Mad genes blur lines between psychology and neuroscience


American health providers may bicker about socialized medicine, but researchers who plunder the wealth of health data foreign states keep could easily quiet them down. Tyrone Cannon, Ph.D., associate professor of psychology, is one of those researchers. Cannon and others take advantage of statistics in the databases of Scandinavian health systems to conduct comprehensive studies that would be otherwise nigh impossible.

Over the past 15 years Cannon's own work has helped to change the way schizophrenia is viewed.

His approach reflects technological advances in brain imaging and genetics that have radically altered the practice of clinical psychology, and may well change how scientists view a host of developmental disorders.

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Photo by Candace diCarlo

The change has blurred the traditional distinction between neuroscience and psychology. "Psychology is an umbrella science in its modern form," said Cannon. "Brain approaches to behavior have become more prominent."

What Cannon found with the aid of technology and vast medical histories was a clear link between genetic make-up and behavior. For those who have schizophrenic genes, the brain's frontal lobe-the portion responsible for high-order cognitive processes-is especially susceptible to environmental factors, like a mother's viral infection during pregnancy. "We've shown that structurally the brains are compromised," Cannon said.

But in some cases there may be no clearly definable factor outside the presence of certain genes to explain the disorder. "The major part of why they are affected is genetic, about 80 percent," Cannon said. "Most everybody agrees that it is an appropriate way to view schizophrenia."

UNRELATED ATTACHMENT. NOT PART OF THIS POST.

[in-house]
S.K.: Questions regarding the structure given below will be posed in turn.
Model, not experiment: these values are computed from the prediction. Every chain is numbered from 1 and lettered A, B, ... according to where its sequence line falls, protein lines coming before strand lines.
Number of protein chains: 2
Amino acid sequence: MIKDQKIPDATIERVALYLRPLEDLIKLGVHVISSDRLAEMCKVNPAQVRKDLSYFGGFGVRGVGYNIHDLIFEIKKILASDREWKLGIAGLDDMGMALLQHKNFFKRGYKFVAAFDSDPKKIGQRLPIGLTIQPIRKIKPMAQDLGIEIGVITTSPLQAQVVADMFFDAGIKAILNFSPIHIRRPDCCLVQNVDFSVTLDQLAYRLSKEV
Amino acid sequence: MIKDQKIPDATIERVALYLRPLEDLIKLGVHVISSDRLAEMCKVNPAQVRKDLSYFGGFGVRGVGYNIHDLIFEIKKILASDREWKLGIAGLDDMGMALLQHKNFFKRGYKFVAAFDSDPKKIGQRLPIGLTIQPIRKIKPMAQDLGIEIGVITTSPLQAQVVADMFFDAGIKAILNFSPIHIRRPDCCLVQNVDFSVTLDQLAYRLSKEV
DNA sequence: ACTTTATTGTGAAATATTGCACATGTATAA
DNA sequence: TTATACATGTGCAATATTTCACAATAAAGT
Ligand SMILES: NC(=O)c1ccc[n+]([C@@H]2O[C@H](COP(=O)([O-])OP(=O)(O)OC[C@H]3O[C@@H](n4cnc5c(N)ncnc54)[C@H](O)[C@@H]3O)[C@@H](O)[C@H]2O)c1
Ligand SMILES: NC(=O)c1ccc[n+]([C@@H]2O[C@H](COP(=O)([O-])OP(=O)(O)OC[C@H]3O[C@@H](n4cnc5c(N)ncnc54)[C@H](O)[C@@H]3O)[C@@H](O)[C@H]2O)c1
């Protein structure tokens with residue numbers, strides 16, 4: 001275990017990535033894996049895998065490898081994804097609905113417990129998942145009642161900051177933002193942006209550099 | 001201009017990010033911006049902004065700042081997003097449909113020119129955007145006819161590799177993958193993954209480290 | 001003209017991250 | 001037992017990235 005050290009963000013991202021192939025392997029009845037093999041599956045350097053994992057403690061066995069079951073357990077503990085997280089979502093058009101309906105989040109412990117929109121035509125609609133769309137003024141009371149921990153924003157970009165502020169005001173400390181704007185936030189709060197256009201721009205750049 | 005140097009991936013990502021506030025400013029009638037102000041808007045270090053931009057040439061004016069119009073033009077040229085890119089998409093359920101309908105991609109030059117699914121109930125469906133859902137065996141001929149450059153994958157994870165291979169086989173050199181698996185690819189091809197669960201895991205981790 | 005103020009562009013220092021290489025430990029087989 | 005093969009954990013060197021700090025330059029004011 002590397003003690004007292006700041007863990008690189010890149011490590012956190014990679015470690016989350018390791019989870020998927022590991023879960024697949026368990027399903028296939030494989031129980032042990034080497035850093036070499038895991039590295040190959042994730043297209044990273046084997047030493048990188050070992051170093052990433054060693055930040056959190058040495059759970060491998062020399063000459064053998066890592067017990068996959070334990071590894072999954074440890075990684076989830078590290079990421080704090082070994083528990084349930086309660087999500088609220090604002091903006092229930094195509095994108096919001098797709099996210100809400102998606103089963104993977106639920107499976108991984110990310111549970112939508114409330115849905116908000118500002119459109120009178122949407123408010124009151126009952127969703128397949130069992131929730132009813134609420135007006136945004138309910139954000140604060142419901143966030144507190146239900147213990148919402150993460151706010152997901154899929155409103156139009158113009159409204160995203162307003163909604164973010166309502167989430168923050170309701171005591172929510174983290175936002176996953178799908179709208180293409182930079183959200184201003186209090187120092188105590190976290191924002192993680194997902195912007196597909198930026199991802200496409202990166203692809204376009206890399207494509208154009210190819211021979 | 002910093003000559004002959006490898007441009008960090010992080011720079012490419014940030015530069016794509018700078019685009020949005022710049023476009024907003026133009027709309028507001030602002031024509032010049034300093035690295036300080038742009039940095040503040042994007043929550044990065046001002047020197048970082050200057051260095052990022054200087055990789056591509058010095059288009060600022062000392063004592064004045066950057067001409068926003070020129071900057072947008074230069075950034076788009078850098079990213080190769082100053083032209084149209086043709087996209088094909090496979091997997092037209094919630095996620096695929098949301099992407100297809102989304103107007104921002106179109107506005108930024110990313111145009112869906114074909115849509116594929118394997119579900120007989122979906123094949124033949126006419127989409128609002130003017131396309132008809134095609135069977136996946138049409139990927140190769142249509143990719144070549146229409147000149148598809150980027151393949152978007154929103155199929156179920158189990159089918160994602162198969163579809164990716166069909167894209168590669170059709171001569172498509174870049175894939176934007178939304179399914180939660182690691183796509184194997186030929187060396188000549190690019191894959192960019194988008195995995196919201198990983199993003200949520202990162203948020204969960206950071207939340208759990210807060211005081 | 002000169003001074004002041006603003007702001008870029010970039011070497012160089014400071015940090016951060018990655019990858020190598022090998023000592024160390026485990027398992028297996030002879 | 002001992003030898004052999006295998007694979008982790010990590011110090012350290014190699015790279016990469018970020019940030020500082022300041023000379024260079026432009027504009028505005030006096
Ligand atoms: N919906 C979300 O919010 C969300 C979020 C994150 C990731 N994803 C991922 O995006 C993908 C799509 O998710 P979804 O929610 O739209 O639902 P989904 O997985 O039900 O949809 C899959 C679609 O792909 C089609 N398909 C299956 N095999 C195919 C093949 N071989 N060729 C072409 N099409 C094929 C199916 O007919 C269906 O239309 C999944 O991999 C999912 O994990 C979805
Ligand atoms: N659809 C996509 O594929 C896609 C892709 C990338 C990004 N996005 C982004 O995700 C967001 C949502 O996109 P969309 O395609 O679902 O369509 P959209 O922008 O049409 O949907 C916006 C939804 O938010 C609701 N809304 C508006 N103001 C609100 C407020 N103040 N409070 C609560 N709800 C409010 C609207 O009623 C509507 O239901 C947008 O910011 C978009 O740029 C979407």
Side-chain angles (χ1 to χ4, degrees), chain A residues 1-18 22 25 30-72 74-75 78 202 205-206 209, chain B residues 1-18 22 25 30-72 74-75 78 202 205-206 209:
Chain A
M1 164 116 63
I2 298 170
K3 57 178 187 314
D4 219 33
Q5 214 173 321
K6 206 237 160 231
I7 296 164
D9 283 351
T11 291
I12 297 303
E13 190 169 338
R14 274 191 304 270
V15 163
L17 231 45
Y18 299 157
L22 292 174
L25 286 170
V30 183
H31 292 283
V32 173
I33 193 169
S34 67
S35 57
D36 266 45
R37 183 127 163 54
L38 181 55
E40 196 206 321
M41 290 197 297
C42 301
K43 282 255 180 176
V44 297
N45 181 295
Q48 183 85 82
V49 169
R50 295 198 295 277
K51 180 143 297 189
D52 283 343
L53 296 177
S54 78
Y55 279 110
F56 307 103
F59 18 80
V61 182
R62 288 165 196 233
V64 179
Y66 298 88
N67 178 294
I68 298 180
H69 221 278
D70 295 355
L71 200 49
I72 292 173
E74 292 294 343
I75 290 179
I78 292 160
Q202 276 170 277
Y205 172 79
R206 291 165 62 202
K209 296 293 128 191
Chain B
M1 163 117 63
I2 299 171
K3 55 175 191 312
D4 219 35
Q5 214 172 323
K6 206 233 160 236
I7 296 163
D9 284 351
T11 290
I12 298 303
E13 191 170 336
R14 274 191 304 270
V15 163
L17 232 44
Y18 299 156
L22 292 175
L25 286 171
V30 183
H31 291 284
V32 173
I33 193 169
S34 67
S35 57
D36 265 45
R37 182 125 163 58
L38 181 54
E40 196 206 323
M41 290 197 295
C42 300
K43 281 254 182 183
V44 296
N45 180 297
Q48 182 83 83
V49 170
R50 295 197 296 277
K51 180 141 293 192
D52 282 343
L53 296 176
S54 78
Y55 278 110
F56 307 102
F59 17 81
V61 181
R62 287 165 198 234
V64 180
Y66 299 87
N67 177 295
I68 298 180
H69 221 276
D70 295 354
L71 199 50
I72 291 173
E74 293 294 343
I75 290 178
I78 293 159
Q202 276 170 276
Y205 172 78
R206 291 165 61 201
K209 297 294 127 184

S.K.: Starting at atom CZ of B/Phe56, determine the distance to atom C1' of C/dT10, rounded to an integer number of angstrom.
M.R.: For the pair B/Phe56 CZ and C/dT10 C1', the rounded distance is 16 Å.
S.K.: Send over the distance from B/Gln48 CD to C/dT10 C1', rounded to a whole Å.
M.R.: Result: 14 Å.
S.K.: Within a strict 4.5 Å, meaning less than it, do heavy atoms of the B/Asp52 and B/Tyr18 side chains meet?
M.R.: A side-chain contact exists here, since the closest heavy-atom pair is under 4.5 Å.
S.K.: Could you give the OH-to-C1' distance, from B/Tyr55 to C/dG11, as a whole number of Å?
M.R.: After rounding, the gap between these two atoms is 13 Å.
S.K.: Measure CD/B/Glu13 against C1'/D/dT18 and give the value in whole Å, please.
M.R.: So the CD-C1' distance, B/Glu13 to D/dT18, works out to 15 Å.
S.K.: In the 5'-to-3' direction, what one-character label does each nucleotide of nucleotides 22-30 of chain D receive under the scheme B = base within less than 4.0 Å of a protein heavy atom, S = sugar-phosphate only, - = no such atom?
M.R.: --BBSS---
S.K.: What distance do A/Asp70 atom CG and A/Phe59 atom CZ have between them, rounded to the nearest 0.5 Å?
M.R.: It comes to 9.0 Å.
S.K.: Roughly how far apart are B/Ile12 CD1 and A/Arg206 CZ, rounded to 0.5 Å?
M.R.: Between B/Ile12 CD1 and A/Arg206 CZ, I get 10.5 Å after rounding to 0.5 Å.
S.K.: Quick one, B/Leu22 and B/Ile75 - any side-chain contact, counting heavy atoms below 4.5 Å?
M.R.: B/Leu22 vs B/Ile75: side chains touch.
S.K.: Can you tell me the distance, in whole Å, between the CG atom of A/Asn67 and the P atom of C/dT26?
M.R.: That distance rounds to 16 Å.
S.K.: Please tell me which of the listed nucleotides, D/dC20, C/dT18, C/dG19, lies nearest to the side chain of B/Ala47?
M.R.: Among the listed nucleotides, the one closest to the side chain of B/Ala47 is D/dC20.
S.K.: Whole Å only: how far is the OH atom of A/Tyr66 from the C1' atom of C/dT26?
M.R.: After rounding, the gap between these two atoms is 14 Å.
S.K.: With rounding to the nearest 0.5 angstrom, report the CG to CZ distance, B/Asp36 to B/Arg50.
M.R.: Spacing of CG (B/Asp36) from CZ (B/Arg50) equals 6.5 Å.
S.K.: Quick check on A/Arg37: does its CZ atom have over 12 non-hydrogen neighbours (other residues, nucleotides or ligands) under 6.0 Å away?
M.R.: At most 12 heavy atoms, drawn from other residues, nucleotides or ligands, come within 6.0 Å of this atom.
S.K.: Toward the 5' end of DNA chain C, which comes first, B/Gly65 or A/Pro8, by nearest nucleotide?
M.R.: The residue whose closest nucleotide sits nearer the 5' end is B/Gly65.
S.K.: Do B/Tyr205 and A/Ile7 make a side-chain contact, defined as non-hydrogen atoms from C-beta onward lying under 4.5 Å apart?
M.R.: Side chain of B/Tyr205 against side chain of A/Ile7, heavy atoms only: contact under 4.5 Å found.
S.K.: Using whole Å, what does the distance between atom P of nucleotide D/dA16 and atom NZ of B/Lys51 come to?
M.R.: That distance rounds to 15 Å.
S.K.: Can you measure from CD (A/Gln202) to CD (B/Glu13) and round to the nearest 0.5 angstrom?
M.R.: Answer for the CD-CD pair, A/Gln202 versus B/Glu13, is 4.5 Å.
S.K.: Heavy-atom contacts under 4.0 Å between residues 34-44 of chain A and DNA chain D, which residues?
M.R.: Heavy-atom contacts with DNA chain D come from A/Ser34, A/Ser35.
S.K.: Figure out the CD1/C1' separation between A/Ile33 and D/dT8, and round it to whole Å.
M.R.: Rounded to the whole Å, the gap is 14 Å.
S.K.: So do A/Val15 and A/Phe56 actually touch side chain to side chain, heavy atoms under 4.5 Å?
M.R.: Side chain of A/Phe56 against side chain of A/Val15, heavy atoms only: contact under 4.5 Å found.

The research that Cannon and his team carry out consists of combining the results from brain imaging, DNA and computer-based testing to create profiles of the subjects and their propensity for full-blown schizophrenia. "They don't [necessarily] manifest the illness but they do manifest subtle tendencies that are revealed through testing. There's something else going on."

A student of classics as an undergraduate at Dartmouth, Cannon's studies in psychology began in earnest as a graduate student under schizophrenia pioneer Sarnoff Mednick at University of Southern California. He was attracted to Mednick's use of high-risk approach, a research method employing a larger number of research subjects than usual. "I knew a study like that offered a unique vantage point," Cannon explained. "You don't get access to that type of information routinely in clinical psychology."

Cannon makes no claim that genes predetermine all mental activities but he does assert that understanding to what extent they do is the necessary starting point. "If we know the brain is broken, let's go all the way to the end of the path to find out how-which ways give rise to disorders. We can find the ways genes determine behavior. It should make it easier to understand the role of social systems, how the environment affects [the brain]."

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Originally published on February 11, 1999